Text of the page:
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The federal cases against two of three members of a rural Illinois militia accused of bombing a Bloomington mosque last year will be tried in Minnesota.

Michael Hari, Michael McWhorter and Joe Morris have been in federal custody since March on charges out of both Illinois and Minnesota. Charges against Morris and McWhorter were consolidated Tuesday and will be overseen by Senior U.S. District Judge Donovan Frank in St. Paul.

Morris, 23, made his first appearance on the indictment — which includes federal hate crime charges added by a Minnesota grand jury in June — and pleaded not guilty before a federal magistrate judge Tuesday.

Morris’ brief appearance drew a larger audience than is typical for initial appearances as several members of the Dar Al-Farooq Islamic Center sat just several feet away in the courtroom gallery.

“That was completely a different feeling,” Mohamed Omar, executive director of the mosque, said after Tuesday’s hearing. “I was having the realization that ... I was in the room, next room to the one that they bombed. It could be me who was dead today.”

Morris did not make eye contact with any spectators and his remarks were limited to short “yes” replies to questions from Magistrate Judge Steven Rau and to enter a not guilty plea.

Rau set a series of filing deadlines in the case and scheduled a Jan. 28 motions hearing back in the St. Paul federal courthouse. A trial date has not yet been scheduled.

McWhorter, 29, is also now in custody in Minnesota and is expected to make an initial appearance on Wednesday. It is unclear when Hari, 47, will appear in Minnesota.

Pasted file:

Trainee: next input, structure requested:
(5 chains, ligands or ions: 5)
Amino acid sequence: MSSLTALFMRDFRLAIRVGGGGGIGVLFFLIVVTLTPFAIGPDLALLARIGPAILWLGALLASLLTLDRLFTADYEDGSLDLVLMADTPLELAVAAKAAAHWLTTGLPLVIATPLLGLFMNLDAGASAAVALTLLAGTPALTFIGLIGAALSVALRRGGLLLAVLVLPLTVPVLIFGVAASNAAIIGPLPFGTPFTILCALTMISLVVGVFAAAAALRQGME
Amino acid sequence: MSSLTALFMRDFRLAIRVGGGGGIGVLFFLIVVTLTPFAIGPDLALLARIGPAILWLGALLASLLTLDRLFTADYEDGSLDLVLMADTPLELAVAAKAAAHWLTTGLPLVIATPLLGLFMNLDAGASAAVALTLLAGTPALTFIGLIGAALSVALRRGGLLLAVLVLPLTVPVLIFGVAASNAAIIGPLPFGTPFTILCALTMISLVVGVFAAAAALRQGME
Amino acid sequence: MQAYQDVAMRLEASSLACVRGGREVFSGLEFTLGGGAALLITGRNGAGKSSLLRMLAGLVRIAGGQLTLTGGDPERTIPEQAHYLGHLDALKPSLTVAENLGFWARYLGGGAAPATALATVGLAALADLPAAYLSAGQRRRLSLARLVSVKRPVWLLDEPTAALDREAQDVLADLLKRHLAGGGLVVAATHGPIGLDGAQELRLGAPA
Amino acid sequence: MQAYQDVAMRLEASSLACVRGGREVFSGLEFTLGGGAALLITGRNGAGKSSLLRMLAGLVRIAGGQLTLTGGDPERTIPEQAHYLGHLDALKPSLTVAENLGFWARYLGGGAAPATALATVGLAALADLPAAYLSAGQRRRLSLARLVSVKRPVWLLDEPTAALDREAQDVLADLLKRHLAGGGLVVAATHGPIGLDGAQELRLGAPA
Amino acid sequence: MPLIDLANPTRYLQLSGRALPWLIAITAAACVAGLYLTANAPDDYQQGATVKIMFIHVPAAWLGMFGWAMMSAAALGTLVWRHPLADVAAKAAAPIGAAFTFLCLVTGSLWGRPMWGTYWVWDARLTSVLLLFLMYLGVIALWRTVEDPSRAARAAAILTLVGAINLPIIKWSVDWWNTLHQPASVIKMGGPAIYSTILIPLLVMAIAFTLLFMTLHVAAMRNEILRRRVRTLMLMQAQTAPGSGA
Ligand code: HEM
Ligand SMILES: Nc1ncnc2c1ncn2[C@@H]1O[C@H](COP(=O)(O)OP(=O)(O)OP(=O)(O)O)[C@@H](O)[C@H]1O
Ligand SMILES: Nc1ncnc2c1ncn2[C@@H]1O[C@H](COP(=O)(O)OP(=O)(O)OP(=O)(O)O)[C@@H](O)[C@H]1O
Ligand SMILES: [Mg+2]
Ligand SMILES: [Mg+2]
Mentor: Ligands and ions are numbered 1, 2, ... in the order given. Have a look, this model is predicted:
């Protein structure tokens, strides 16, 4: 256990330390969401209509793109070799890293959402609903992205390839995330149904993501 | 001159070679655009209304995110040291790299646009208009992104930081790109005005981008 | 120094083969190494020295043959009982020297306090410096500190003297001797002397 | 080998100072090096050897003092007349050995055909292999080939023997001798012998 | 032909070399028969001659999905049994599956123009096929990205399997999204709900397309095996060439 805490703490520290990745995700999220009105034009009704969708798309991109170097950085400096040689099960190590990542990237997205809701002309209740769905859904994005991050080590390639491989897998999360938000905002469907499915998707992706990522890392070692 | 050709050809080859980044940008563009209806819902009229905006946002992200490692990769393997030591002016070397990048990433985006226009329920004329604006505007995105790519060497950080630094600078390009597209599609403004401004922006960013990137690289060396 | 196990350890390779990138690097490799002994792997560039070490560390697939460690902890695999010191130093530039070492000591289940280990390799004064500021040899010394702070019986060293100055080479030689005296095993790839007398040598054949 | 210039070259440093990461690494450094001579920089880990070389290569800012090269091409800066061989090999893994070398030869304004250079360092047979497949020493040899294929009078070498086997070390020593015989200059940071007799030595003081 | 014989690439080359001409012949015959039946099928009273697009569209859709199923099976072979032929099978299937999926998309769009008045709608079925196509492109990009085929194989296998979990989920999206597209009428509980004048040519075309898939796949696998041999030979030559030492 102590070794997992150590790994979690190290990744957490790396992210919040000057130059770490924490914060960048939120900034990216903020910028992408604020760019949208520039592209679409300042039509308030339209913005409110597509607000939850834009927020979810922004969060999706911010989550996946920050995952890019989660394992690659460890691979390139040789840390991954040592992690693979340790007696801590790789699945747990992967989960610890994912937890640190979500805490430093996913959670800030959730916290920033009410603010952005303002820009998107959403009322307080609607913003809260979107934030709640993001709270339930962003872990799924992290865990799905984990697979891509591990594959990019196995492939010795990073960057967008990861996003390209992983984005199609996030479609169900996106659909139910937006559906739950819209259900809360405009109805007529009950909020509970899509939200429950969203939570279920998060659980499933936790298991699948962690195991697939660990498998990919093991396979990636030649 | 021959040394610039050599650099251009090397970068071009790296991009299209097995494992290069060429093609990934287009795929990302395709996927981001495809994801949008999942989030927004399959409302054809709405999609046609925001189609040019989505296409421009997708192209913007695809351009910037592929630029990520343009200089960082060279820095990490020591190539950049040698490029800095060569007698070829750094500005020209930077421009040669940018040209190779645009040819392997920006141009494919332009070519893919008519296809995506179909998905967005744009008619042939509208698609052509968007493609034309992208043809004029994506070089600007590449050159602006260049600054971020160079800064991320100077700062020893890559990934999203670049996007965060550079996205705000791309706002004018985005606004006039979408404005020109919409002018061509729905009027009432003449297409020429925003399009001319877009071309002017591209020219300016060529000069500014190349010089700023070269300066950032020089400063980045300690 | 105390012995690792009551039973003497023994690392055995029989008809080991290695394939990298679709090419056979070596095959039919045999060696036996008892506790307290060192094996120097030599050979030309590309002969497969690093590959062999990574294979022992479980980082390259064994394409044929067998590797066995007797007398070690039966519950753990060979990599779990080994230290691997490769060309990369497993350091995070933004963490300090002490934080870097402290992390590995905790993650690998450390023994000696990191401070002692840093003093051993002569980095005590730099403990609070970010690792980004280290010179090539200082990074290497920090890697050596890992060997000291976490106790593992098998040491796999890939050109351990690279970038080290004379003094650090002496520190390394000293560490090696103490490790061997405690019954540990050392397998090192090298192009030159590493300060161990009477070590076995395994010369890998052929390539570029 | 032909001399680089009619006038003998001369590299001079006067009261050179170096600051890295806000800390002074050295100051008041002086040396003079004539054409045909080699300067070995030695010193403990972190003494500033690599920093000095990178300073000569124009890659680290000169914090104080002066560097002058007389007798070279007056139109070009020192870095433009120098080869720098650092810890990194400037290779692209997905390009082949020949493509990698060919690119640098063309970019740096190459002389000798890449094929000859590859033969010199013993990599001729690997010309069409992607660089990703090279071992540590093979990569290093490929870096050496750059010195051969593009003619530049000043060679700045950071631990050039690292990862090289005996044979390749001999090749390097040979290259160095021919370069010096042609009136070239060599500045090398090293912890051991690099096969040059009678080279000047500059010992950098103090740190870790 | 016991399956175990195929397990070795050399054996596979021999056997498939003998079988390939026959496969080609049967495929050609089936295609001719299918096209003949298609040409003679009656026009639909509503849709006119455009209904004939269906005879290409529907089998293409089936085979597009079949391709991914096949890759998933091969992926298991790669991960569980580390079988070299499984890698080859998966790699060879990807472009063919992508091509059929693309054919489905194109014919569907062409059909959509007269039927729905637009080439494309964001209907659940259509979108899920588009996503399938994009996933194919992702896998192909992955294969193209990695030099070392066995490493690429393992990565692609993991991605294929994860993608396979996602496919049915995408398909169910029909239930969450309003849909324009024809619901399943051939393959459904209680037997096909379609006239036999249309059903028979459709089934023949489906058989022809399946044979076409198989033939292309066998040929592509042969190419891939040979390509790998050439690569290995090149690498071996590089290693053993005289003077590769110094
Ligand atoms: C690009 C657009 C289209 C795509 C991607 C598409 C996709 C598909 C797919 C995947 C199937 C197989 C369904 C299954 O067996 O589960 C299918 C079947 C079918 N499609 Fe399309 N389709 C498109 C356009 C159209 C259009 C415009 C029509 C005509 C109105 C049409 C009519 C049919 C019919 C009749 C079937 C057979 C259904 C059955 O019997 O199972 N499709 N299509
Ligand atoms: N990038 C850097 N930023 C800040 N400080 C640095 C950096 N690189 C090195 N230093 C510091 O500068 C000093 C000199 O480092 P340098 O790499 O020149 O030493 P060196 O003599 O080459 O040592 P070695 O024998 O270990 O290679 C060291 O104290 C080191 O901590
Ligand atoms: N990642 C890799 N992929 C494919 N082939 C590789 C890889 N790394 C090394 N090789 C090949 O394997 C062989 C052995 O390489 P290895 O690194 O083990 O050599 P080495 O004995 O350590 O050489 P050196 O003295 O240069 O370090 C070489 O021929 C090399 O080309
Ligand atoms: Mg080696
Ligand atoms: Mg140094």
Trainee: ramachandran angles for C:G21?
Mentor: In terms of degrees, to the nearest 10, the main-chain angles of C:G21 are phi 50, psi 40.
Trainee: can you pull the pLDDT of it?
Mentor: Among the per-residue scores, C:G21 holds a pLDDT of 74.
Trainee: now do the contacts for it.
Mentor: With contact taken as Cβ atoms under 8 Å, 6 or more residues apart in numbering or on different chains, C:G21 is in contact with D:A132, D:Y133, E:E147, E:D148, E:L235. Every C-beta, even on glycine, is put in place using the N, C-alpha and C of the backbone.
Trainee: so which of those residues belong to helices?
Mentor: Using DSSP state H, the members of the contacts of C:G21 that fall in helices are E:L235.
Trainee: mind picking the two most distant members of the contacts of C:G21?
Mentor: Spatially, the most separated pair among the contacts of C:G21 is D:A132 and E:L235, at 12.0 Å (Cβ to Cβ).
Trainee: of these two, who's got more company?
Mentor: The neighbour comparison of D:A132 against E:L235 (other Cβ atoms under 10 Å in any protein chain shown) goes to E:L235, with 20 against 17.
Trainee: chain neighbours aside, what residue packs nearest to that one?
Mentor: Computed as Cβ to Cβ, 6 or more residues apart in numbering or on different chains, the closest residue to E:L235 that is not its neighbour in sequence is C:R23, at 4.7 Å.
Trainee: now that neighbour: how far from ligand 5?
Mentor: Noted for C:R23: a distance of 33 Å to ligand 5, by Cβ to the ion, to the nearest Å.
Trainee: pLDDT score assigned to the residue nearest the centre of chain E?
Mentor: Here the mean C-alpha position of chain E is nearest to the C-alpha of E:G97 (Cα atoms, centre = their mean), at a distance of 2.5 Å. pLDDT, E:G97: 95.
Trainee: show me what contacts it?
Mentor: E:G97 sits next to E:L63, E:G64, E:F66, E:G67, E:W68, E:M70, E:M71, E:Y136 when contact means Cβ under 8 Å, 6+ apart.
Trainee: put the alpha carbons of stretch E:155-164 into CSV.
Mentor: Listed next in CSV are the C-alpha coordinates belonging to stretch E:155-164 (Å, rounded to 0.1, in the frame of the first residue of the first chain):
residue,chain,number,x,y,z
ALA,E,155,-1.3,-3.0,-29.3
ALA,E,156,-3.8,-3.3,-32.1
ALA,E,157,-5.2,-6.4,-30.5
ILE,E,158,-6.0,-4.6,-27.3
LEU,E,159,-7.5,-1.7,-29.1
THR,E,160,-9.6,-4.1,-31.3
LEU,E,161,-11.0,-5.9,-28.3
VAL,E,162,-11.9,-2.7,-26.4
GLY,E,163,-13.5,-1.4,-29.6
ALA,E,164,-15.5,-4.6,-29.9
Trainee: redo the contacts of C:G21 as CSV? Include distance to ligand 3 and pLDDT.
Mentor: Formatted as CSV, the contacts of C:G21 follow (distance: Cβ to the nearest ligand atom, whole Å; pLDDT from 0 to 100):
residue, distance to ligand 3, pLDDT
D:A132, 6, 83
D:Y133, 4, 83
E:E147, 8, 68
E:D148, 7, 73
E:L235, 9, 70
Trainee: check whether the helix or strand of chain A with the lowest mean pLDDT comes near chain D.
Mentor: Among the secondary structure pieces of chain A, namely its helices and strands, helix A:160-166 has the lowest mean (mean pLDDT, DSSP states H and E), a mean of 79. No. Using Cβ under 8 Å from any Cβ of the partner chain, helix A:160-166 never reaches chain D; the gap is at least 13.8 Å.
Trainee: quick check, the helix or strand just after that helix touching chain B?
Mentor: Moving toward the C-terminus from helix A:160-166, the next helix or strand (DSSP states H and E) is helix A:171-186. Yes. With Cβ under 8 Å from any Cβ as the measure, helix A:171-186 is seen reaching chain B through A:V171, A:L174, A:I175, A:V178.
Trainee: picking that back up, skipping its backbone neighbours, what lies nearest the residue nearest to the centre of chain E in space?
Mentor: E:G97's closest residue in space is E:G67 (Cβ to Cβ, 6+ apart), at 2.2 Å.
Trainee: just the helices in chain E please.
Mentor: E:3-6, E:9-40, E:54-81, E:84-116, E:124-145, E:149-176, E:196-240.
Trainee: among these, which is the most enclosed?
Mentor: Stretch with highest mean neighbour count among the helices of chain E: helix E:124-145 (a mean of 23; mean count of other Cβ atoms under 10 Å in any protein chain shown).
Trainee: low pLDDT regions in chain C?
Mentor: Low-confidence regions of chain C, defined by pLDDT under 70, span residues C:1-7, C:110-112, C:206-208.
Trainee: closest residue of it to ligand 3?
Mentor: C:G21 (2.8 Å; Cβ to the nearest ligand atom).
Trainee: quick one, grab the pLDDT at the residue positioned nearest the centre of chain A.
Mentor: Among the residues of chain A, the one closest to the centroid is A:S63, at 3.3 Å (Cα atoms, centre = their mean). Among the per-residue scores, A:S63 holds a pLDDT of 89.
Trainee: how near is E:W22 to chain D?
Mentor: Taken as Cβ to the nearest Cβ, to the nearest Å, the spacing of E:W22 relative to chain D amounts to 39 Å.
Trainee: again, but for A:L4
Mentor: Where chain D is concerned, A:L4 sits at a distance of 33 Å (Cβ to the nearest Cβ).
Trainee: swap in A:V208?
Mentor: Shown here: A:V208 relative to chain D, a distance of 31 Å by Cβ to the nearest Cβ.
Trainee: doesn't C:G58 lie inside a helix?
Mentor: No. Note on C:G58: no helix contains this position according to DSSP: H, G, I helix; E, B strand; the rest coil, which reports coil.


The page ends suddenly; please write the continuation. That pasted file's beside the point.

The three men — who each lived in the small, rural town of Clarence, Ill. — allegedly carried out their Aug. 5, 2017, attack under the banner of a militia they called the “White Rabbits 3 Percent Illinois Patriot Freedom Fighters.” According to charges, Hari allegedly built a pipe bomb and rented a pickup truck before driving McWhorter and Morris from Champaign-Urbana, Ill., to the Twin Cities. Morris allegedly broke a window of the Dar-Al Farooq imam’s office before McWhorter lit the bomb’s fuse and tossed it into the building.

No one was hurt in the blast, which set off a brief blaze that was extinguished by the building’s fire suppression system. The men have also been charged with federal weapons violations and in connection with a failed bombing of an Illinois women’s clinic in November 2017.

The three avoided suspicion until early 2018, when an informant tipped off law enforcement about their alleged involvement in the blast. After their arrests, McWhorter allegedly told FBI agents that the men did not intend to kill anyone but rather sought to “scare [Muslims] out of the country” and send a message that they were not “welcome here,” according to an earlier criminal complaint.

In June, a federal grand jury in Minnesota returned a new indictment charging the three with “intentionally defacing, damaging and destroying” a religious property “because of the religious character of that property.” They are also being charged with intentionally obstructing the free exercise of religious beliefs, conspiring to commit federal felonies by means of fire and explosives, and using a destructive device during and in relation to crimes of violence. Hari faces an additional charge of possessing an unregistered destructive device.